What are all of these tiny white worms swimming in my tank?

People are quite often horrified when they first notice that their tank is inhabited by 'tiny white worms'. They could be one of three things: Hydra, Nematodes or Planaria. They can esily be identified by the way they move, and where they reside within the tank.

Hydra

Hydra are small carnivorous animals from the Phylum Cnidaria. They possess a simple cylindrical body with tentacles surrounding its mouth. The majority of Hydra reach sizes between 0.25 to 2.5cm (0.1” - 1”). They are usually tan or brown in colour, and are usually difficult to spot, unless your tank is heavily infested. They are usually confused with worms.

Hydra do not 'swim' per se, however they are capable of floating from one location to another. They will anchor to a spot where there is an ongoing supply of food, or they will just float around in the water. They anchor themselves to their surrounding environment by their 'foot', from where they catch and kill their prey. In the aquarium they can attach to things like gravel, vegetation, stones or filtration equipment.

Hydra prey on small crustaceans, worms, insect larvae or fry. Therefore they are usually associated with tanks raising fry. They are capable of killing fry from 10 to 15mm (0.4”-0.6”). Larger fry that are trapped but manage to escape will most likely die anyway, as an after affect of the Hydras stinging cells. Tanks that feed a lot of live brine shrimp can attract Hydra as well.

Hydra can be introduced into an aquarium by live food, snails, driftwood or water collected from natural waterways. A tank that possesses Hydra is not an unhealthy tank, as Hydra do not survive in poor water quality. However, a well looked after fish tank will not provide enough food to sustain large amount of Hydra.

If your fish tank has a Hydra infestation, there are three products that can be used to remove them. Dactycid, Flubenol and Panacur. To reduce and hopefully eliminate Hydra numbers, water quality should be in top condition, and feeding should be reduced.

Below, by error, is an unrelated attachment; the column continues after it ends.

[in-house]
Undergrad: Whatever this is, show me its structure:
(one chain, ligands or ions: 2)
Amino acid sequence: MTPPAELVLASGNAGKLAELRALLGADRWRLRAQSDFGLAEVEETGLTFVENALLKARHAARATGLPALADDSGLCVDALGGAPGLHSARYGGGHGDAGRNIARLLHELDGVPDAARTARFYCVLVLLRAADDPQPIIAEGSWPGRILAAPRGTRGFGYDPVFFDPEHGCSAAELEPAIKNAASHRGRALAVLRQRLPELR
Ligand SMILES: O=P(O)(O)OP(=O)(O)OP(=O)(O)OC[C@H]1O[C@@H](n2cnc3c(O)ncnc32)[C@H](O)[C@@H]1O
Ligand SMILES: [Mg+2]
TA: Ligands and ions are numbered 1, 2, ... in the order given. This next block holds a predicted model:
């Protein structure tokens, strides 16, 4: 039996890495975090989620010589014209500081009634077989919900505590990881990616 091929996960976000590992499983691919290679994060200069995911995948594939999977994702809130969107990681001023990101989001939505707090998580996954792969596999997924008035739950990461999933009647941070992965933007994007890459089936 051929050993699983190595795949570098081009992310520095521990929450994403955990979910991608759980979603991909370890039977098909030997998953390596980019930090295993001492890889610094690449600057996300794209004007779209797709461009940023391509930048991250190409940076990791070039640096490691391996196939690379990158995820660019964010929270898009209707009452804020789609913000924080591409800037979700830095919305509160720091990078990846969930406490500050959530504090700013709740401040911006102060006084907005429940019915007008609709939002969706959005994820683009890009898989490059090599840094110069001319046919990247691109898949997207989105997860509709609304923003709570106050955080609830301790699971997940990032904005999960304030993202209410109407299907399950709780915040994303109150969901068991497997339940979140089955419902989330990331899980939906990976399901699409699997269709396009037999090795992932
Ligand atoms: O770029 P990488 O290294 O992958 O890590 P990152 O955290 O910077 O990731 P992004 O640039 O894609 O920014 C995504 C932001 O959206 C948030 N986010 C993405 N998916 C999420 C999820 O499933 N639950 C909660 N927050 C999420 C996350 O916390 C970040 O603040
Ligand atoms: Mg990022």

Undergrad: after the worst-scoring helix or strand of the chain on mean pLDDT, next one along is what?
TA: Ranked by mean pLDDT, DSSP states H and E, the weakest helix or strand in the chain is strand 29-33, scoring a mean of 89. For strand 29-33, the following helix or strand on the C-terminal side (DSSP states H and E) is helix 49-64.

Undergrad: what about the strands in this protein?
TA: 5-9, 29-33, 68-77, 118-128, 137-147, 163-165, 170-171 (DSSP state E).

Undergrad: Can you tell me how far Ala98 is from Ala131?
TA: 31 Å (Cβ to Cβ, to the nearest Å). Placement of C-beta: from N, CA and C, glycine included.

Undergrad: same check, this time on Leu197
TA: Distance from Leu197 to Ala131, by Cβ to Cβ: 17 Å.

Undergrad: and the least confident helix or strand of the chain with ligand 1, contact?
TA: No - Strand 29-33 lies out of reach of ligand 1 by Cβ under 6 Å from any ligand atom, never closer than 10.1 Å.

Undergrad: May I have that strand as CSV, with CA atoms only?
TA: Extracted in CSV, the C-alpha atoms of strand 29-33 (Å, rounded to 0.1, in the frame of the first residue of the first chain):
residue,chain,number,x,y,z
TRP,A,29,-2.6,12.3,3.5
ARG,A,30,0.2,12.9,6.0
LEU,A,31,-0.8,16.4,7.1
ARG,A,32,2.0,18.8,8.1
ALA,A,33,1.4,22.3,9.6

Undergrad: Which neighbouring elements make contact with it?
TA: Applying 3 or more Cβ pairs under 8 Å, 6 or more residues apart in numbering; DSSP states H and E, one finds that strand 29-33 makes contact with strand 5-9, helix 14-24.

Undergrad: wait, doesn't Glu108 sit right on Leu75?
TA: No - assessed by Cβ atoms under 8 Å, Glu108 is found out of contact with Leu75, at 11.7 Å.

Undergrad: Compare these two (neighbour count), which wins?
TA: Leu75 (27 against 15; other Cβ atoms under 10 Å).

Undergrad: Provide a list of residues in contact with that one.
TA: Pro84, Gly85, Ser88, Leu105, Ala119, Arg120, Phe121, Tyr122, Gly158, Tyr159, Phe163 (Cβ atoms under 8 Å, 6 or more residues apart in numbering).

Nematodes

There are approximately 10,000 to 10,000,000 species in the Phylum Nematoda. Free-living (ie without a 'host') forms can reach sizes between 1mm to 2 cm (0.04”- 0.8”). Nematodes that live in the aquarium usually reside in the gravel, but when disturbed they swim in a snake like manner. Much like that of a sea snake. They can be easily seen in a bucket after cleaning the gravel.

There are three types of nematodes: parasitic, scavengers and herbivores. The vast majority of nematodes are parasitic. All three are able to live within the aquarium; however the scavengers are usually the most common.

Not all nematodes are a menace in the aquarium, the scavenger nematodes can help break down the organic waste in the aquarium. If you are treating your fish tank for nematodes, make sure you know that they are parasitic, as the medications you use will kill the beneficial worms as well.

Nematodes can be introduced to the aquarium in egg or adult form. Eggs can be present in almost anything that you add to your aquarium; feeders, live plants, driftwood etc. Adult worms are more likely to be introduced by live plants and in the water accompanying your feeder fish.

Populations of nematodes can be reduced or elimated by reduced feedings and increased water changes. There is a product produced by Materpet called CureEx, which kills a range of nematodes.

Planaria

Planaria are of the Phylum Platyhelminthes. They are not true worms. Some species of Planaria are almost microscopic, and are usually white in colour. One species of flatworm, Dugesia, can reach 1cm (0.4”) in length and are grey in color.

Planaria are free-living animals that are usually found crawling on the inside walls of aquariums at night. They move like a snail or slug along the glass using microscopic cilia for movement.

Planaria are usually introduced to the aquarium by means of feeders, plants or anything else that has come from a tank that has a Planaria population.

Planaria feed on dead and/or rotting flesh, as well as excess fish food left in the substrate. They also eat eggs and newly hatched fry. The numbers of Planaria will increase in a tank that is either overcrowded or where the fish are overfed.

Planaria can be removed from the fish tank by baiting them using meat in a mesh bag. The bag can them be removed from the tank with the Planaria stuck to it. The process should be repeated until the numbers are reduced. The paradise fish will eat Planaria, so if adding these fish to your tank is a feasible option it should be considered. Numbers can also be reduced by regular gravel cleaning and reduced feedings.

References: (lost in conversion of article from phpBB)

- Submitted by Oscar Sheila